The FDA has announced a new program to help doctors check the approved indications and other information in drug “labels.” These “labels” are the FDA-approved educational information sheets that drug companies package with medication. See information below:
Online Service Enables Physicians To Check FDA-Approved Medication Labeling Via EHRs.
Healthcare IT News (1/27, Merrill) reported that to “boost drug safety, a new online service has been launched that allows doctors to check the FDA -approved labeling for the most commonly prescribed drugs.” The service is part “of a new campaign” called “Know the Label,” which is being “launched in concert with the FDA’s efforts to provide up-to-date and complete prescribing information to physicians.” It is being delivered to all US physicians and providers “electronically via the websites of PDR Network, The Doctors Company and other liability carriers, via EHR systems. … ‘We congratulate The Doctors Company and PDR Network for finding a practical and novel way for physicians to access the full updated labeling through electronic means and have it available at the point of prescribing,'” said Janet Woodcock, MD, Director of FDA’s Center for Drug Evaluation and Research.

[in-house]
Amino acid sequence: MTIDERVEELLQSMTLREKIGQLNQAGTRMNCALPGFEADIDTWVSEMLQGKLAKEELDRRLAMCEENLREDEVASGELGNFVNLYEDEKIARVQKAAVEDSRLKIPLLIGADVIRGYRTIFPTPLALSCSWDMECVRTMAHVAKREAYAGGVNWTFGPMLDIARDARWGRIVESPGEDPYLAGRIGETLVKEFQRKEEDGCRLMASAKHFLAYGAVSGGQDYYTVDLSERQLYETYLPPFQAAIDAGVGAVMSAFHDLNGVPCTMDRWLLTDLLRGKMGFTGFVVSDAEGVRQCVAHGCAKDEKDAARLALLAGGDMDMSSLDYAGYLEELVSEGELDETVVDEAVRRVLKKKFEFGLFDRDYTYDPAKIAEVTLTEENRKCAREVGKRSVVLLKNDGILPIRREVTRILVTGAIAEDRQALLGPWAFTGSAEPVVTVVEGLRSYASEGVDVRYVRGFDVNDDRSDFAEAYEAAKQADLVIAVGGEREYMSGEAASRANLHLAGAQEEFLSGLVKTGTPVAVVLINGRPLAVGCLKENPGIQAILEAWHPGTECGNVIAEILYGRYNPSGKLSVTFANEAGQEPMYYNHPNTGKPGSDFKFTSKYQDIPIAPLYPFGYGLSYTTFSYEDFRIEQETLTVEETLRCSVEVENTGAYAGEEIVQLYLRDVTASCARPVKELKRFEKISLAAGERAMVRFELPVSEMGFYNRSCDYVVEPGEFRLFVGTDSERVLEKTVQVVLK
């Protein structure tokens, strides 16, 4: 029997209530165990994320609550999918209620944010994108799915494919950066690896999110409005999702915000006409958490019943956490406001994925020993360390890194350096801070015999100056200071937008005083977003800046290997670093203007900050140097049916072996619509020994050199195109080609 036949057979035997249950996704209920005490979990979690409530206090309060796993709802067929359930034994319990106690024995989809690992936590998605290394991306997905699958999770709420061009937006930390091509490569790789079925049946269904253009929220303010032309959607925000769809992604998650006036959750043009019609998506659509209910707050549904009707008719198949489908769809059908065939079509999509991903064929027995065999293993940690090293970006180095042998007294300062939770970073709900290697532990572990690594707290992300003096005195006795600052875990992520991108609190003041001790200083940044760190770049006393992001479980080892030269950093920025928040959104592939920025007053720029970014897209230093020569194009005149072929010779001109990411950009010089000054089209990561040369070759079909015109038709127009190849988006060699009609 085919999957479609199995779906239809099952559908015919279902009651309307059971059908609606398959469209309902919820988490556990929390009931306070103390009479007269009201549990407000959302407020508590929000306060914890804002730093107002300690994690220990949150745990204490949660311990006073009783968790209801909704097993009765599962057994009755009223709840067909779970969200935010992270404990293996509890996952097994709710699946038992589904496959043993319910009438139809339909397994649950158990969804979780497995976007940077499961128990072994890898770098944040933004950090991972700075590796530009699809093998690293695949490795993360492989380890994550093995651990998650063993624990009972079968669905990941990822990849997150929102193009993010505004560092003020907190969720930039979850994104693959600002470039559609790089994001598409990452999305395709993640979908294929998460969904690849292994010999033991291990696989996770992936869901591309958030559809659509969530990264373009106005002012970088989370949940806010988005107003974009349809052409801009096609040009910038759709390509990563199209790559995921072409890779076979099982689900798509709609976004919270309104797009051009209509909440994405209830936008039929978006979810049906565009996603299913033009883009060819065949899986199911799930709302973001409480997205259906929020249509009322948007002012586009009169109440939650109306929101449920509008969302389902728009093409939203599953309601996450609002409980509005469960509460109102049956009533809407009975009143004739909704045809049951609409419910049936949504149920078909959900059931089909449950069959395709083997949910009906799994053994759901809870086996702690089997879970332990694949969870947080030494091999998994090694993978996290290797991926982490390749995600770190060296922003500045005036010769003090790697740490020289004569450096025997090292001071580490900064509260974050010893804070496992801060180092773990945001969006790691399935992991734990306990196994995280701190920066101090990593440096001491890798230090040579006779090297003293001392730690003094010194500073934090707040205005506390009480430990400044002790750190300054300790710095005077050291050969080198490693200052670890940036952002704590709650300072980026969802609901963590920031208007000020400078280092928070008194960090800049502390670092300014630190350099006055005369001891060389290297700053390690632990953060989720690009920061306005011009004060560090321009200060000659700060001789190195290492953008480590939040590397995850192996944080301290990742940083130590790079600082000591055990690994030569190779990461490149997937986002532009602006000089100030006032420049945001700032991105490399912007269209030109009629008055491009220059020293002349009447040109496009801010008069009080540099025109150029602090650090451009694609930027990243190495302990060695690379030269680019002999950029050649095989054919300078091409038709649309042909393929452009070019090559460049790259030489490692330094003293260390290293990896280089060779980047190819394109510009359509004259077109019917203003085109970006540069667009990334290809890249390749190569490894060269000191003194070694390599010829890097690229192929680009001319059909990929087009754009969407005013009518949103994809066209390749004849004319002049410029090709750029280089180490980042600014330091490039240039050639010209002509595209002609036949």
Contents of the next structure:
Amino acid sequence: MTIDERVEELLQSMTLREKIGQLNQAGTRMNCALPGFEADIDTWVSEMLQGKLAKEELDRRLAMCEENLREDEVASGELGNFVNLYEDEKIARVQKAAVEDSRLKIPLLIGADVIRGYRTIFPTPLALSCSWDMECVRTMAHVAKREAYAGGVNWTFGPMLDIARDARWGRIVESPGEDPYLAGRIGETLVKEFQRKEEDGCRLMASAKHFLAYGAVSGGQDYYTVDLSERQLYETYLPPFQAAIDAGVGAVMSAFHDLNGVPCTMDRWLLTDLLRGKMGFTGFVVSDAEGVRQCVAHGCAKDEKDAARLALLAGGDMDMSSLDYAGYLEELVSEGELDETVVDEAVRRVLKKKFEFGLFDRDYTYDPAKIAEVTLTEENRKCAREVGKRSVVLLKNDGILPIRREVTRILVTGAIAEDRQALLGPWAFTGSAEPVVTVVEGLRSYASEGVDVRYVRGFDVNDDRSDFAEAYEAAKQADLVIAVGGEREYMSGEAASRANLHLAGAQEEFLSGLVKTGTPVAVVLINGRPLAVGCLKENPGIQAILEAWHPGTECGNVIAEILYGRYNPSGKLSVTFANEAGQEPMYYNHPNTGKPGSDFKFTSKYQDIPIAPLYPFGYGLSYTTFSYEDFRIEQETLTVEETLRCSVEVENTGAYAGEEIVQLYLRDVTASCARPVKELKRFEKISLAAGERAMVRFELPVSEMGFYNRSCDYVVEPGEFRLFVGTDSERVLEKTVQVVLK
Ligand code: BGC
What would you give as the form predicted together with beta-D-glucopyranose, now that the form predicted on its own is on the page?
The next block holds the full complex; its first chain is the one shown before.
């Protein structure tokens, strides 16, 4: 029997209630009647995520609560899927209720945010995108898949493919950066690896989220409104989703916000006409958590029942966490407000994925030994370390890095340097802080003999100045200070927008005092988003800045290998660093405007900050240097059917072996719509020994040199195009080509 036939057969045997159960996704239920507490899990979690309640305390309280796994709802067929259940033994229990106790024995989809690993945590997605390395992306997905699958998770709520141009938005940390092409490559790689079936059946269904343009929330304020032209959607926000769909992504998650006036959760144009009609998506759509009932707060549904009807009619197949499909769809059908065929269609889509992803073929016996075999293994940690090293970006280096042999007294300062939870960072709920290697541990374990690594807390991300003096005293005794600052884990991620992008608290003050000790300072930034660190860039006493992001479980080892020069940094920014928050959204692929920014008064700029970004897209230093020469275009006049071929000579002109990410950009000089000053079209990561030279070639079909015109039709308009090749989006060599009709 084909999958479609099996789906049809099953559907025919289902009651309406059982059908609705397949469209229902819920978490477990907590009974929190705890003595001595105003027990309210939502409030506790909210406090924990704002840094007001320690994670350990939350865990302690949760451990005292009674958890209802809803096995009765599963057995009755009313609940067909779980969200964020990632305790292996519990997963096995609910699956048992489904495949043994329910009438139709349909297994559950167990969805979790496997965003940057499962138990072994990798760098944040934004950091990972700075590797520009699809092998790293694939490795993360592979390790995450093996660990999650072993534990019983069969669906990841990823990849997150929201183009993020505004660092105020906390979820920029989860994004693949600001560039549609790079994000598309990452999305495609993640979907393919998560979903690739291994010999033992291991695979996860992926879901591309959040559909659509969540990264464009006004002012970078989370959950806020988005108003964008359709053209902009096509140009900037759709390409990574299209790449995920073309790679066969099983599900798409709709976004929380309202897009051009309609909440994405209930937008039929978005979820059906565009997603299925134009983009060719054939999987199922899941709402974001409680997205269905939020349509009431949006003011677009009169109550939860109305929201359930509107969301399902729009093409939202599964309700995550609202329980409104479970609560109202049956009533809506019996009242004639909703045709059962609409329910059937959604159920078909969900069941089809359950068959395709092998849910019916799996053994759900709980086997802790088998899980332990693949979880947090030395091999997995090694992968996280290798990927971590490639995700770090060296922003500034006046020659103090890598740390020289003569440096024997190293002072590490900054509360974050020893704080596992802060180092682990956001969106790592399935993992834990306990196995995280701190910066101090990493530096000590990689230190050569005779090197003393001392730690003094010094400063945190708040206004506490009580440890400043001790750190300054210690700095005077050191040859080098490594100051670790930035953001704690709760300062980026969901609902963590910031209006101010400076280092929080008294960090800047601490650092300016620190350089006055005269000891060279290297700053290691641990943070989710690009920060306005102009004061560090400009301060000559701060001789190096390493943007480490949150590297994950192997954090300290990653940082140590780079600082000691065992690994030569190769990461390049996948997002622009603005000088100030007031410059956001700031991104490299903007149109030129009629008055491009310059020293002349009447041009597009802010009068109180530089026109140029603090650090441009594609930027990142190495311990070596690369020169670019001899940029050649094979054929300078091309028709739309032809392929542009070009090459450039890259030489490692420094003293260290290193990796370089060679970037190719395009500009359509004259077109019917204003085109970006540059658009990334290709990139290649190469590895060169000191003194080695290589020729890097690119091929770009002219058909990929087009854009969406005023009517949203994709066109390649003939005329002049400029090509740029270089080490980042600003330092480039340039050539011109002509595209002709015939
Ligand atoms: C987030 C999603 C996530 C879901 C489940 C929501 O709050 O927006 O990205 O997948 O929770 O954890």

I doubt this new program to disseminate the label information is going to help patients much. At least in my field, use of medication is based on patients’ individual conditions and results of studies that go far beyond what’s in the FDA-approved “label.” Medications are used for conditions other than FDA-approved uses. Different doses are used. Combinations that the FDA-approved label says are bad may often be exactly what a patient needs. I guess it won’t hurt to give doctors the information on FDA-approved medication labeling, unless it discourages doctors from giving patients needed treatments for unapproved conditions.
For best results, a doctor’s good judgment is the best guide to treatment.